The Rockaways suffered major damage during Tropical Storm Irene last August.
Significant erosion took away even more of our continuously diminishing beaches. The Rockaway Beach boardwalk sustained damage to its deck, beach side staircases and ramps, along with destruction of wood skirting along Shore Front Parkway. Aside from some sand cleanup and some safety netting and fencing, everything still looks the same today as it did a day after the storm. City Parks Department personnel in he Rockaways did the very best they could with what they had, according to an Op-Ed written by Friends of Rockawy Beach founder John Cory published in the New York Daily News.
Hurrican Irene battered the beaches and boardwalk in Rockaway Beach this summer. Local leaders said they are still waiting for much-needed repairs. (Photo: Craig Warga/NY Daily News)
Unfortunately what Parks didn’t have enough of was money, or so it says. In November, our beach activist group, Friends of Rockaway Beach, met with Queens Parks Commissioner Dorthy Lewandowski to discuss the deplorable conditions of the infrastructure at our beaches, parks and boardwalk here in the Rockaways and the damage caused by Irene.
At that meeting we receive a truly heartfelt apology that there was just no money in the $250 million Parks Department budget to address much needed major infrastructure repairs along Shore Front Parkway, no money to repair rapidly decaying boardwalk infrastructure and no money to repair storm damage. We were told that we would have to wait and see if the feds would come through with emergency funding to repair storm damage.
Parks is in the final stages of a $38 million renovation in Far Rockaway. This is a much needed, long overdue project that will serve that community for years to come, but is little relief to the rest of the peninsula.
Imagine Parks telling the people of Harlem, Washington Heights, or Inwood that there is just no money to renovate Fort Tryon Park or Inwood Hill Park, but feel free to use the High Line.
Recently $3 million was allocated by various government agencies to repair the boardwalk, and the work has begun. While we welcome this as good news, we here in the Rockaways were surprised to learn that the city plans to begin a $90 million expansion of the High Line on the West Side of Manhattan.
It boggles the mind how the city can find boat loads of cash for the High Line, yet we are told time and time again there’s just no money for the Rockaways. I’m sure we will be told that Friends of the High Line will raise a “good portion” of the $90 million, but it should be pointed out that Friends of the High Line put up less than 35% of the cost of the High Line’s first phase and the city contributed well over $100 million.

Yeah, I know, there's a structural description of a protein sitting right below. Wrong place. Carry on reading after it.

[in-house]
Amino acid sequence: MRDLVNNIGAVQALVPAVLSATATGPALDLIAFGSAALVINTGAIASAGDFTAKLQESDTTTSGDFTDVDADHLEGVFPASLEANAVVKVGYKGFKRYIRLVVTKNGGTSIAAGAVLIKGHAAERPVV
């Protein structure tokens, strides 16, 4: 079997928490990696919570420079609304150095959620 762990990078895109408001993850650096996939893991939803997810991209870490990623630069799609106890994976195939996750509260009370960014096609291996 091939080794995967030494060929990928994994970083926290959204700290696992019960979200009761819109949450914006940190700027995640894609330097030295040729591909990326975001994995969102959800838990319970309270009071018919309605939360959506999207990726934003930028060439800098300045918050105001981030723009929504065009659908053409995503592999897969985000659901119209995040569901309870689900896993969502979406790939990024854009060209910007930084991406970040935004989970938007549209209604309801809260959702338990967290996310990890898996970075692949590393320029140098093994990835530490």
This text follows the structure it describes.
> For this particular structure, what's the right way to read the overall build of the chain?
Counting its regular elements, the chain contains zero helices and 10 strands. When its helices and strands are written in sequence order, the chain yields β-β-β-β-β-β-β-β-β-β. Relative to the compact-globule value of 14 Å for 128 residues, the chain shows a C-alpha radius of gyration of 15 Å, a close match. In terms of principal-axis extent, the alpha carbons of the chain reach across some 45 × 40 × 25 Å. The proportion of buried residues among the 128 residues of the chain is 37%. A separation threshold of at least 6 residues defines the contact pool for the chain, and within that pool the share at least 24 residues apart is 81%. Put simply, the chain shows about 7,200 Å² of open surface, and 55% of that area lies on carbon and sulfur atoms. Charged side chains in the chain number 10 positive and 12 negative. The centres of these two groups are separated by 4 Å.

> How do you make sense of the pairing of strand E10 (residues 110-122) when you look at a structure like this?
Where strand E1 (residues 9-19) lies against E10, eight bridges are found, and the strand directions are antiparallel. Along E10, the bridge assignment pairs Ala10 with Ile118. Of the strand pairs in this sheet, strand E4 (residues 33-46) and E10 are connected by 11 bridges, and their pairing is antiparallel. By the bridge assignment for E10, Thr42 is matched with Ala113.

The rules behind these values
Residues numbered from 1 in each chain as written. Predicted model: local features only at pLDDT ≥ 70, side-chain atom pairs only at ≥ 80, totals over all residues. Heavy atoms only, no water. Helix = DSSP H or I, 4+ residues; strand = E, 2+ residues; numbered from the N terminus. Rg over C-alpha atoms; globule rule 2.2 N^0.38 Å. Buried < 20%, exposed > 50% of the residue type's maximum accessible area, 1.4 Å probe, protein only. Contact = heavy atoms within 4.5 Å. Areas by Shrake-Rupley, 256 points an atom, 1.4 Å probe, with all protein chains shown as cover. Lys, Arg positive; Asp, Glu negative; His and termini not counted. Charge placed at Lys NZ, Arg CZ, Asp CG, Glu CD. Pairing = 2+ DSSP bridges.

While we wait for funding for much needed revitalization of Rockaway beaches, parks and boardwalk, we’ve just been blindsided with devastating news of the suspension of the U.S. Army Corps of Engineers Rockaway Beach Reformulation study. The $5-million, 10-year study began in 2003 to come up with a permanent solution to the erosion sustained year after year along our beaches.
Since it began, the study has been suspended several times due to lack of funding. The current federal budget did not include the $1.5 million needed for its completion, and without it, the beaches face possible long-term closure and our boardwalk and neighborhoods will face a greater susceptibility to storm surge during nor'easters, tropical storms or hurricanes.
For well over 100 years he Rockaway’s have provided millions of people a year some of the most authentic, traditional beach-going experiences they will ever find, bringing people together from all walks of life and every race and creed from every part of the world.
On a hot summer day we can have more people here than Central Park, Prospect Park and Flushing Meadow-Corona Park combined. Surfers from all over the world come to enjoy the greatest surf in the Northeast on two spectacular dedicated surfing beaches.
Repair of storm damage is very welcome news, but it is only a drop in the bucket considering the scope of the work that needs to be done.
To borrow a phrase from “The Lorax,” “Unless someone like our elected officials cares a whole awful lot, nothing is going to get better. It’s not.”
John Cori is the founder of Friends of Rockaway Beach